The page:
This guideline attempts to answer the following questions: 1) What is the prevalence of hereditary hemochromatosis in the primary care setting? 2) In asymptomatic patients with hereditary hemochromatosis, what is the risk for end-organ damage or death? 3) How diagnostically useful are transferrin saturation and serum ferritin in identifying patients with hereditary hemochromatosis in the primary care setting? 4) Is phlebotomy efficacious in reducing morbidity or fatal complications in asymptomatic patients with hereditary hemochromatosis? 5) Do the benefits of screening primary care patients for hereditary hemochromatosis outweigh the risks?
Estimates of the prevalence of hereditary hemochromatosis in the general population vary widely because no set criteria define what constitutes hereditary hemochromatosis (5, 9, 10). Some argue that genotyping should be used as the gold standard and that the sensitivity and specificity of phenotyping should be calculated and compared with those of genotyping. Others support the use of persistently elevated serum ferritin level and percentage of transferrin saturation as the case definition of hereditary hemochromatosis. Studies of differing populations, using strict criteria recommended in the HEIRS Study (11), have estimated that the prevalence of hereditary hemochromatosis ranges from 1 in 357 persons to 1 in 625 persons in the general population to rates almost as high as 1 in 135 persons among Norwegian men (4). The Table lists various studies showing the prevalence of hereditary hemochromatosis in primary care settings.
Asymptomatic individuals are patients in the latent phase of hereditary hemochromatosis who were incidentally identified. These persons have not yet shown any signs or symptoms related to the disease. Although clinical manifestations associated with hereditary hemochromatosis are influenced by age, sex, diet, and other unknown factors, it is imperative to know the path of disease progression for treatment of the disease. Clinical outcomes that can be associated with hereditary hemochromatosis are cirrhosis, hepatocellular carcinoma, type 2 diabetes, congestive heart failure, arthritis, hypogonadism in males, and even death. However, most persons with the mutated gene remain asymptomatic.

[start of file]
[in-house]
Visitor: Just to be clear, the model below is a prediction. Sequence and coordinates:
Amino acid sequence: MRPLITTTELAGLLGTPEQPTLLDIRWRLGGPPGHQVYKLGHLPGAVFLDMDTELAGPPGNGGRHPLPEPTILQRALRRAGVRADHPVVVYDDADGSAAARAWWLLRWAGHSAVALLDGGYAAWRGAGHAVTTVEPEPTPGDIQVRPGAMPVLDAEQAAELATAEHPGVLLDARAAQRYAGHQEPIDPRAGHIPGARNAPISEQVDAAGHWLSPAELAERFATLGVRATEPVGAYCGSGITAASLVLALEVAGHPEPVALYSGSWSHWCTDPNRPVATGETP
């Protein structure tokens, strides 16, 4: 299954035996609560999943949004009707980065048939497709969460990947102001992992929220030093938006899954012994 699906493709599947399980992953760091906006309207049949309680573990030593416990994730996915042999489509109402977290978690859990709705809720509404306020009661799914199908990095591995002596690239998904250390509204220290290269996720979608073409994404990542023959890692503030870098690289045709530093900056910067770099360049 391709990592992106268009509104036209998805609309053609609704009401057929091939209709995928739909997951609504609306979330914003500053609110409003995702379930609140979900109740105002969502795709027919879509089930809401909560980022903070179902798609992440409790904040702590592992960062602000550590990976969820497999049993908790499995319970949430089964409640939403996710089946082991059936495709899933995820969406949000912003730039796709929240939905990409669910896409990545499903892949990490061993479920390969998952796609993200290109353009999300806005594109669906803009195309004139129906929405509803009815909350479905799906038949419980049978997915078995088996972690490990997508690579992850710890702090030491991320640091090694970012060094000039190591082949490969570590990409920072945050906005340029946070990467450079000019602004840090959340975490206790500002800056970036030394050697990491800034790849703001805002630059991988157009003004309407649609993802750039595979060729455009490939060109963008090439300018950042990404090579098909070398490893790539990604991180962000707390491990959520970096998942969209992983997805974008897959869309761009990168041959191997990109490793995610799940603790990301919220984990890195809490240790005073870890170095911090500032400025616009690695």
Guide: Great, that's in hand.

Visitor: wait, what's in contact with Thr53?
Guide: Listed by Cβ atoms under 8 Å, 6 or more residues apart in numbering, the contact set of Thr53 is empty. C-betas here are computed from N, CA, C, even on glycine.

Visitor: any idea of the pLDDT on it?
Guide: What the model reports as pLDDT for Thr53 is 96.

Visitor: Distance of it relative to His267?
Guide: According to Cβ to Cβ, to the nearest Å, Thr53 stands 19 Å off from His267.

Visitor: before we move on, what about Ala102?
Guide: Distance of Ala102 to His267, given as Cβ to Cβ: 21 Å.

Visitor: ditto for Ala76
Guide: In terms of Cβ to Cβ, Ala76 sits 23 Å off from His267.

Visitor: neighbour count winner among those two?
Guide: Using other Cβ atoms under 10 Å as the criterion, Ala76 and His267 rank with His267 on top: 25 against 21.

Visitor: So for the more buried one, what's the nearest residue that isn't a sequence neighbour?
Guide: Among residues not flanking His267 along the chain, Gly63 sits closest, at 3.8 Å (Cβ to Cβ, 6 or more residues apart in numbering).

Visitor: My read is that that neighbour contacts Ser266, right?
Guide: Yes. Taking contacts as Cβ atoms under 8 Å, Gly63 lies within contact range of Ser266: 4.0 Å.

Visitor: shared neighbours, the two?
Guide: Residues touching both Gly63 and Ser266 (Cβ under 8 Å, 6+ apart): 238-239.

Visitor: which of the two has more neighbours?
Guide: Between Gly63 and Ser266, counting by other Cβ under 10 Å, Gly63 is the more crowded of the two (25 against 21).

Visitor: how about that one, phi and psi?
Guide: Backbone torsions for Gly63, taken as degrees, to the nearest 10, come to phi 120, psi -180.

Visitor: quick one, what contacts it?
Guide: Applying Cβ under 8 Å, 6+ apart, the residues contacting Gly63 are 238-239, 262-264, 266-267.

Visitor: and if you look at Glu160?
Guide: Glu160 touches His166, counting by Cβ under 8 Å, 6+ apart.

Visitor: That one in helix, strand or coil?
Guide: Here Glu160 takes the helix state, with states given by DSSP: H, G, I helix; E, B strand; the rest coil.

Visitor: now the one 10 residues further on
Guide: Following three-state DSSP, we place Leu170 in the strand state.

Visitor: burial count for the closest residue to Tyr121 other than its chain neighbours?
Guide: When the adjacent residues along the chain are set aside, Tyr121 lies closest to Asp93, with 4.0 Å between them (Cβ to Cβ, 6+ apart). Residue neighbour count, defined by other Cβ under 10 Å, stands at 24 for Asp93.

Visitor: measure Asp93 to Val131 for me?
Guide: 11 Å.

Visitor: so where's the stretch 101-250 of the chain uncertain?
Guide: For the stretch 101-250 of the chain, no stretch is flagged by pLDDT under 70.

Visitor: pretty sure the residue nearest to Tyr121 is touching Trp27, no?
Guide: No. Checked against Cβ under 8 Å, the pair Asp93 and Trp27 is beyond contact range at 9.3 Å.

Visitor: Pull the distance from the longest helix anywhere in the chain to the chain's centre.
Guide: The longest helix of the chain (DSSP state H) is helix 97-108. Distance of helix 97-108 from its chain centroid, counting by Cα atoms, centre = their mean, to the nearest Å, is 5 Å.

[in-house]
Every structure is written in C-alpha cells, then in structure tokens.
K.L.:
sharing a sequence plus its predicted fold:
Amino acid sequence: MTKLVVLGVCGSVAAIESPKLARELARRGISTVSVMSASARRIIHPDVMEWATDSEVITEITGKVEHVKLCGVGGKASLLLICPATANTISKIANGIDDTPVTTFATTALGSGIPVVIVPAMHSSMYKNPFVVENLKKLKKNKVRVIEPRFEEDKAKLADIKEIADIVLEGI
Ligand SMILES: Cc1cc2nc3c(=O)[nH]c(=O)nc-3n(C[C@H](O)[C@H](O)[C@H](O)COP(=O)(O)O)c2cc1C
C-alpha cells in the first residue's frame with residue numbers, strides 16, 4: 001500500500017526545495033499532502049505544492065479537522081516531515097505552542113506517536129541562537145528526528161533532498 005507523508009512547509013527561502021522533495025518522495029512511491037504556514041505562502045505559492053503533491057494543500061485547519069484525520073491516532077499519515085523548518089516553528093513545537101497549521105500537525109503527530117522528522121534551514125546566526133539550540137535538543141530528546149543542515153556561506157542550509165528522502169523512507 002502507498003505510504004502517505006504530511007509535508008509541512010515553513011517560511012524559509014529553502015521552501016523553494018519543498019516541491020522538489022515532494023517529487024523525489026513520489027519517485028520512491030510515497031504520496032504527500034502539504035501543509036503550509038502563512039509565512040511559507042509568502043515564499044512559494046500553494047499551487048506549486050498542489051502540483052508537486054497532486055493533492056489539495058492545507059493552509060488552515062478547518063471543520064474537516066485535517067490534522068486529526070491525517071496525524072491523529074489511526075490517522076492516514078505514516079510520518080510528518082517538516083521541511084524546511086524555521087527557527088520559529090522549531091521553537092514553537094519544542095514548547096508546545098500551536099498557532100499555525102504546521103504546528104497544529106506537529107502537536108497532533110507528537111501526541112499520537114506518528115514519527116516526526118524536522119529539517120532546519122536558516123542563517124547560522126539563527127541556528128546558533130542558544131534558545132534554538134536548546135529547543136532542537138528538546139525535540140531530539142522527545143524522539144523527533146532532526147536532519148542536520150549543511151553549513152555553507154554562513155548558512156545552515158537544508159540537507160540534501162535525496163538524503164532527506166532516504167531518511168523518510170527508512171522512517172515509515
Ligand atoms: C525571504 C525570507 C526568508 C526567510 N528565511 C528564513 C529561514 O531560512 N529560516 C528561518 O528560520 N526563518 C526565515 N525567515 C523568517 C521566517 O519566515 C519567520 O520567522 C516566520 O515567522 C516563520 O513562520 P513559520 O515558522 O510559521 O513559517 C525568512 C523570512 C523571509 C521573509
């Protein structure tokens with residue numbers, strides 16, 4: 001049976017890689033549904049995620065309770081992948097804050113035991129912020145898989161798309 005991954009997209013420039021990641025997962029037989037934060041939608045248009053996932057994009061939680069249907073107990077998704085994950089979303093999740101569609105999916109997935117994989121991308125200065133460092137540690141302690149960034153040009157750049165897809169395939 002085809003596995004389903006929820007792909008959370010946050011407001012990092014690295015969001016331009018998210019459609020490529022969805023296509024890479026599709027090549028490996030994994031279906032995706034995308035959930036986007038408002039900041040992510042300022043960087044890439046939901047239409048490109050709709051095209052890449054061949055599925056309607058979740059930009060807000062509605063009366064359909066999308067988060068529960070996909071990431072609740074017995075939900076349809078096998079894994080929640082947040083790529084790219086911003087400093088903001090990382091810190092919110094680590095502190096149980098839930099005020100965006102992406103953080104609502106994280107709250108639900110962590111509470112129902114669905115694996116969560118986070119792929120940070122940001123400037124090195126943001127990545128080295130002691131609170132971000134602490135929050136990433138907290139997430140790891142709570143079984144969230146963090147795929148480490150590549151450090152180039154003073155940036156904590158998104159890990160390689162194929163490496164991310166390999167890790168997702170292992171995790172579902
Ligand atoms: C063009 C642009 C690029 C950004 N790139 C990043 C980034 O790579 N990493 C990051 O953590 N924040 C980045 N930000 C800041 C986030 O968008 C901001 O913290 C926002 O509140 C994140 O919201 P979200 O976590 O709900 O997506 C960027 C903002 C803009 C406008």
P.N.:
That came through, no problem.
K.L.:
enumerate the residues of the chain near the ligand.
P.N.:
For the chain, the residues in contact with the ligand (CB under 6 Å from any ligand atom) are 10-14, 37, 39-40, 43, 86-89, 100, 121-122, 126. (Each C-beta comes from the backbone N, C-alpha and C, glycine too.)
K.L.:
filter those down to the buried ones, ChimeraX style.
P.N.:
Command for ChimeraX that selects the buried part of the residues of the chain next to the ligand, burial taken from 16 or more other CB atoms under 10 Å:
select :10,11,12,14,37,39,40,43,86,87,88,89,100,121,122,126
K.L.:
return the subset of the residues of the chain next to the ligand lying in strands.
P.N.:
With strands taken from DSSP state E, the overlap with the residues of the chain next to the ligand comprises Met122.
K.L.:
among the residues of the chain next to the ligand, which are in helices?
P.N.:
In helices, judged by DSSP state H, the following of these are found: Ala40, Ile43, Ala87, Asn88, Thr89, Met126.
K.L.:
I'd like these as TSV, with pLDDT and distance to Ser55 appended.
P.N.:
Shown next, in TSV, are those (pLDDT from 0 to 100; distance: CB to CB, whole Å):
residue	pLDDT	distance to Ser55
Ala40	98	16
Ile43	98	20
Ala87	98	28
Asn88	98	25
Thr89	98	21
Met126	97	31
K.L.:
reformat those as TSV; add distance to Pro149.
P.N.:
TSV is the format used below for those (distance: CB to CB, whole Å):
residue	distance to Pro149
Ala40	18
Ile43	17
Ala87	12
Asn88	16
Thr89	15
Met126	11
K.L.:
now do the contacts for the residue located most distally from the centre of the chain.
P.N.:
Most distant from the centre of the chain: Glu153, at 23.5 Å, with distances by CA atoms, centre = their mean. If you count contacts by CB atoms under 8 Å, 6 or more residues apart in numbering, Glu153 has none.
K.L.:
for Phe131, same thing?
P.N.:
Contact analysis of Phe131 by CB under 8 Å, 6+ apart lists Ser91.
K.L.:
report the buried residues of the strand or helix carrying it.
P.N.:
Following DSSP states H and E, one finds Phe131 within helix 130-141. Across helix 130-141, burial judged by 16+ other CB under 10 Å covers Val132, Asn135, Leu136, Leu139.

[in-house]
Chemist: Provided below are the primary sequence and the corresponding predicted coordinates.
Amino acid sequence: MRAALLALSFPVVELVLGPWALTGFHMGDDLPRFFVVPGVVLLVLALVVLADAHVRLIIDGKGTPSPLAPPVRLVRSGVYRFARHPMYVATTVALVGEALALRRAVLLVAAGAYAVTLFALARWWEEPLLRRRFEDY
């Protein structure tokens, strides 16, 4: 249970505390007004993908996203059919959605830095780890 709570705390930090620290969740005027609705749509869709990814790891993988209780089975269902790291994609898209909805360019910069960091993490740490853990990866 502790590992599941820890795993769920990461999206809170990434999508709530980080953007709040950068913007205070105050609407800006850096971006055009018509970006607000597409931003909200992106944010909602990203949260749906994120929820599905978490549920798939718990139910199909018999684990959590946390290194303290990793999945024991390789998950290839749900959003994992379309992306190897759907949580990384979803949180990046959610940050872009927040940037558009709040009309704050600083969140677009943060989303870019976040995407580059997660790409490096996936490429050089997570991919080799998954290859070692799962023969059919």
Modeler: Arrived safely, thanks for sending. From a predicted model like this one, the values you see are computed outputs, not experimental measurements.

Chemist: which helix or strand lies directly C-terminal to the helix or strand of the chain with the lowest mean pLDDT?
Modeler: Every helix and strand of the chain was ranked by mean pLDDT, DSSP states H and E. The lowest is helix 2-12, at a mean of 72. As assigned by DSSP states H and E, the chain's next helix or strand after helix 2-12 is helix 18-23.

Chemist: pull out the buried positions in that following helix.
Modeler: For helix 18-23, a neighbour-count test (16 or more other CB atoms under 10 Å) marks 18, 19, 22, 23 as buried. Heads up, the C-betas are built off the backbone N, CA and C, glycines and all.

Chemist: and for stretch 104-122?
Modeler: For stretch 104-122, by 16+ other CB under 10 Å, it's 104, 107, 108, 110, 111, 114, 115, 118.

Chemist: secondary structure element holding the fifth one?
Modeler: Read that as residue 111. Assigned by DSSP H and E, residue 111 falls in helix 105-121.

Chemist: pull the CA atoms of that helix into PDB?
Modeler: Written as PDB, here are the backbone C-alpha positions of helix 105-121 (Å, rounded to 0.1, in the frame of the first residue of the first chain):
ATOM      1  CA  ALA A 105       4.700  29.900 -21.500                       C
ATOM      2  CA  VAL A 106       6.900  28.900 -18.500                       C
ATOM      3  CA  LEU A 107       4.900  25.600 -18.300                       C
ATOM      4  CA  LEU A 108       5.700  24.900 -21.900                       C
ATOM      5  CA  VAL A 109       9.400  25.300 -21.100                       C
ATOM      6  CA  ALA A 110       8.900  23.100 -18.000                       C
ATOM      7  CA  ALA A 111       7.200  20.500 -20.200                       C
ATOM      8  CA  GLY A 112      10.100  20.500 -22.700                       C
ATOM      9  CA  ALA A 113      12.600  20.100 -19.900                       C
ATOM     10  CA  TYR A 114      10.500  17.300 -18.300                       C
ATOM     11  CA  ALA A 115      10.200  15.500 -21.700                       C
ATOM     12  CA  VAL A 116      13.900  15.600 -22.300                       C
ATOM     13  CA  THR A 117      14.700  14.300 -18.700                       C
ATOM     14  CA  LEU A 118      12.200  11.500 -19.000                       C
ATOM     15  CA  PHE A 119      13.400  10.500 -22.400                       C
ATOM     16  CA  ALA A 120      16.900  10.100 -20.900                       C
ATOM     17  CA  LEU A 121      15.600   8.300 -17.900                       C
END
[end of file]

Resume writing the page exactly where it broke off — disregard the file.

The literature that discusses the relationship between biochemical primary iron overload (elevated serum ferritin level and transferrin saturation) and the development of hereditary hemochromatosis (or resulting disease or death) does not consistently identify increasing transferrin saturation and serum ferritin level over time in hereditary hemochromatosis (12-14). The studies that discuss the correlation between iron excess and cirrhosis indicate that a ferritin level less than 1000 µg/L was not associated with cirrhosis on liver biopsy (15-17). The National Health and Nutrition Examination Survey I (NHANES I) database (18) was used to analyze the association between transferrin saturation and all-cause mortality. The results showed that all-cause mortality significantly increased for persons whose transferrin saturation was above 55% compared with persons who had lower transferrin saturation (hazard ratio, 1.60 [CI, 1.17 to 2.21]).